In discussions of the general use of the atom, the argument about the risk of nuclear proliferation is often encountered. According to many anti-nuclear activists, the construction of new nuclear power plants will help expand access to technologies that will enable the production of highly enriched uranium for military purposes. In other words: according to these allegations, nuclear power nations could easily turn to nuclear weapons. History shows that this is not the case – there are many countries that use nuclear weapons for civilian purposes (energy and research) without the necessary infrastructure to build them. However, countries like North Korea do not have an operating energy reactor, but have nuclear weapons in their arsenal.
One of the clearest proofs that nuclear power does not represent the proliferation of nuclear weapons is (or rather) project MW to MW (MW to MW). The initiative began in an October 1991 article in the New York Times by physicist Thomas Nef, which proposed the purchase of Russian military uranium for a US civilian nuclear program. This idea blended into the atmosphere of nuclear disarmament, which was initiated by the activities of the United States and the Soviet Union in the late 1980s.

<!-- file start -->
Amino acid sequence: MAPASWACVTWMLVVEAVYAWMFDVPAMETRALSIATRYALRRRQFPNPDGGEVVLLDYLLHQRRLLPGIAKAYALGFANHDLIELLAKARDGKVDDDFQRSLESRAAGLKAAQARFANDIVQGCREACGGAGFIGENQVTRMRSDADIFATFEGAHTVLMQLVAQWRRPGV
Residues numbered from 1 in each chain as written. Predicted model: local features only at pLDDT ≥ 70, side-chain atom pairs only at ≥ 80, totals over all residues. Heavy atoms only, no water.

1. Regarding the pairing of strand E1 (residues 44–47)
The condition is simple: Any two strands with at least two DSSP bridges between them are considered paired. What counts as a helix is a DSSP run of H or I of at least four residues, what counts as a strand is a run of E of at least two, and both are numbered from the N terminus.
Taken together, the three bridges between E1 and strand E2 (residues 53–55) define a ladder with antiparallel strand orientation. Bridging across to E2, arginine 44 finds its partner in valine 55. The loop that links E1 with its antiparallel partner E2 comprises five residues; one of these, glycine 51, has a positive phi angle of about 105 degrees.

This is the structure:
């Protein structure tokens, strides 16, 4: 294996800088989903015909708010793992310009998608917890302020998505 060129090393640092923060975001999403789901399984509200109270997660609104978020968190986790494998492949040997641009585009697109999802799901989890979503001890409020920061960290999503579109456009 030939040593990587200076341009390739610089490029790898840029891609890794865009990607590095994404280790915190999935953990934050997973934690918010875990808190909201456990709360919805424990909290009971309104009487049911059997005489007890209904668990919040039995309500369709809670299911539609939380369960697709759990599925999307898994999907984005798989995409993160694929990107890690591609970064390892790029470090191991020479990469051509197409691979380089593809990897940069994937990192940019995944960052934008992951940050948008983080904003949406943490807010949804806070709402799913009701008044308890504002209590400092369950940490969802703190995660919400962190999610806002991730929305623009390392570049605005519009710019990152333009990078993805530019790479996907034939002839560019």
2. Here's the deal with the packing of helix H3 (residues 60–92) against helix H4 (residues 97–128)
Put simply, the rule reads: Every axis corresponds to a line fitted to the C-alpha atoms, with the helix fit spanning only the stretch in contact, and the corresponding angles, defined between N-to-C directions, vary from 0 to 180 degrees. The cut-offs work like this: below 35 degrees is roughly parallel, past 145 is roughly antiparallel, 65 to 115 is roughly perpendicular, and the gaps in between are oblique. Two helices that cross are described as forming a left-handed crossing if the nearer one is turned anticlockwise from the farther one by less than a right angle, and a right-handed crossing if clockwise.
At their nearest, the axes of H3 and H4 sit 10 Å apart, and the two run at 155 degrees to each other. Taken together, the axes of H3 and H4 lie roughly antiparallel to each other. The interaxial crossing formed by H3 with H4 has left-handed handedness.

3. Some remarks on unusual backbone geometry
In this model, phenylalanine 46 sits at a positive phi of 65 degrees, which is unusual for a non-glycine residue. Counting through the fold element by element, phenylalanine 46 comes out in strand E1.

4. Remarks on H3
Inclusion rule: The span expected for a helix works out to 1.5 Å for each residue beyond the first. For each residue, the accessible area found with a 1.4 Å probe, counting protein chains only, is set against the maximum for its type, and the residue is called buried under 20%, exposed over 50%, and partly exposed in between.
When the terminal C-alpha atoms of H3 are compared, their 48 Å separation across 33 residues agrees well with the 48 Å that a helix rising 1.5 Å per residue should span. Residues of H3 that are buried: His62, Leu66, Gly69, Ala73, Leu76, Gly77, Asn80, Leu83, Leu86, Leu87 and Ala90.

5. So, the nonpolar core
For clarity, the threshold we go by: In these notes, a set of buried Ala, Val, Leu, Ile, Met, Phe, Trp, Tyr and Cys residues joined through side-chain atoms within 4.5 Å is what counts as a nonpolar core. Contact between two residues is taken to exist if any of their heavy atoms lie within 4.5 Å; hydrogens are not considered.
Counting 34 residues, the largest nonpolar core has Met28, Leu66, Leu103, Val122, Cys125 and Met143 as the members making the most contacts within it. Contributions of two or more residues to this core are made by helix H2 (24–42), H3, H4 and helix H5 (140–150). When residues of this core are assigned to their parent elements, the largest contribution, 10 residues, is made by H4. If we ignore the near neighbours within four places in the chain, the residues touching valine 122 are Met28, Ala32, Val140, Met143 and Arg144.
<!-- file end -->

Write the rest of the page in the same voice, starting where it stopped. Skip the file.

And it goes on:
The idea appealed to the administration of President George HW Bush, which sent negotiators to Moscow. Negotiations with the Russian side led to a 20-year agreement on August 28, 1992. It was signed in 1993 by the new US President Bill Clinton.
The US-Russia agreement involved the processing of about 500 tons of Russian uranium with high concentrations (derived from about 20,000 atomic bombs). Uranium HEU (Eng. Highly enriched uranium), For fuel that can be used in nuclear power plants (i.e. LEU, low enriched uranium). The first LEU exports reached the United States in May 1995.
The project lasted until 2013, when – as scheduled – it was completed. As part of that, about 500 tons in the military HEU, about 15 thousand. Tons of LEU, then went to US nuclear power plants. The value of the initiative is estimated at $ 17 billion. In the 20 years since Megadon’s first megawatt project, about 10% of the electricity generated in the United States comes from fuel generated from Russian nuclear weapons.
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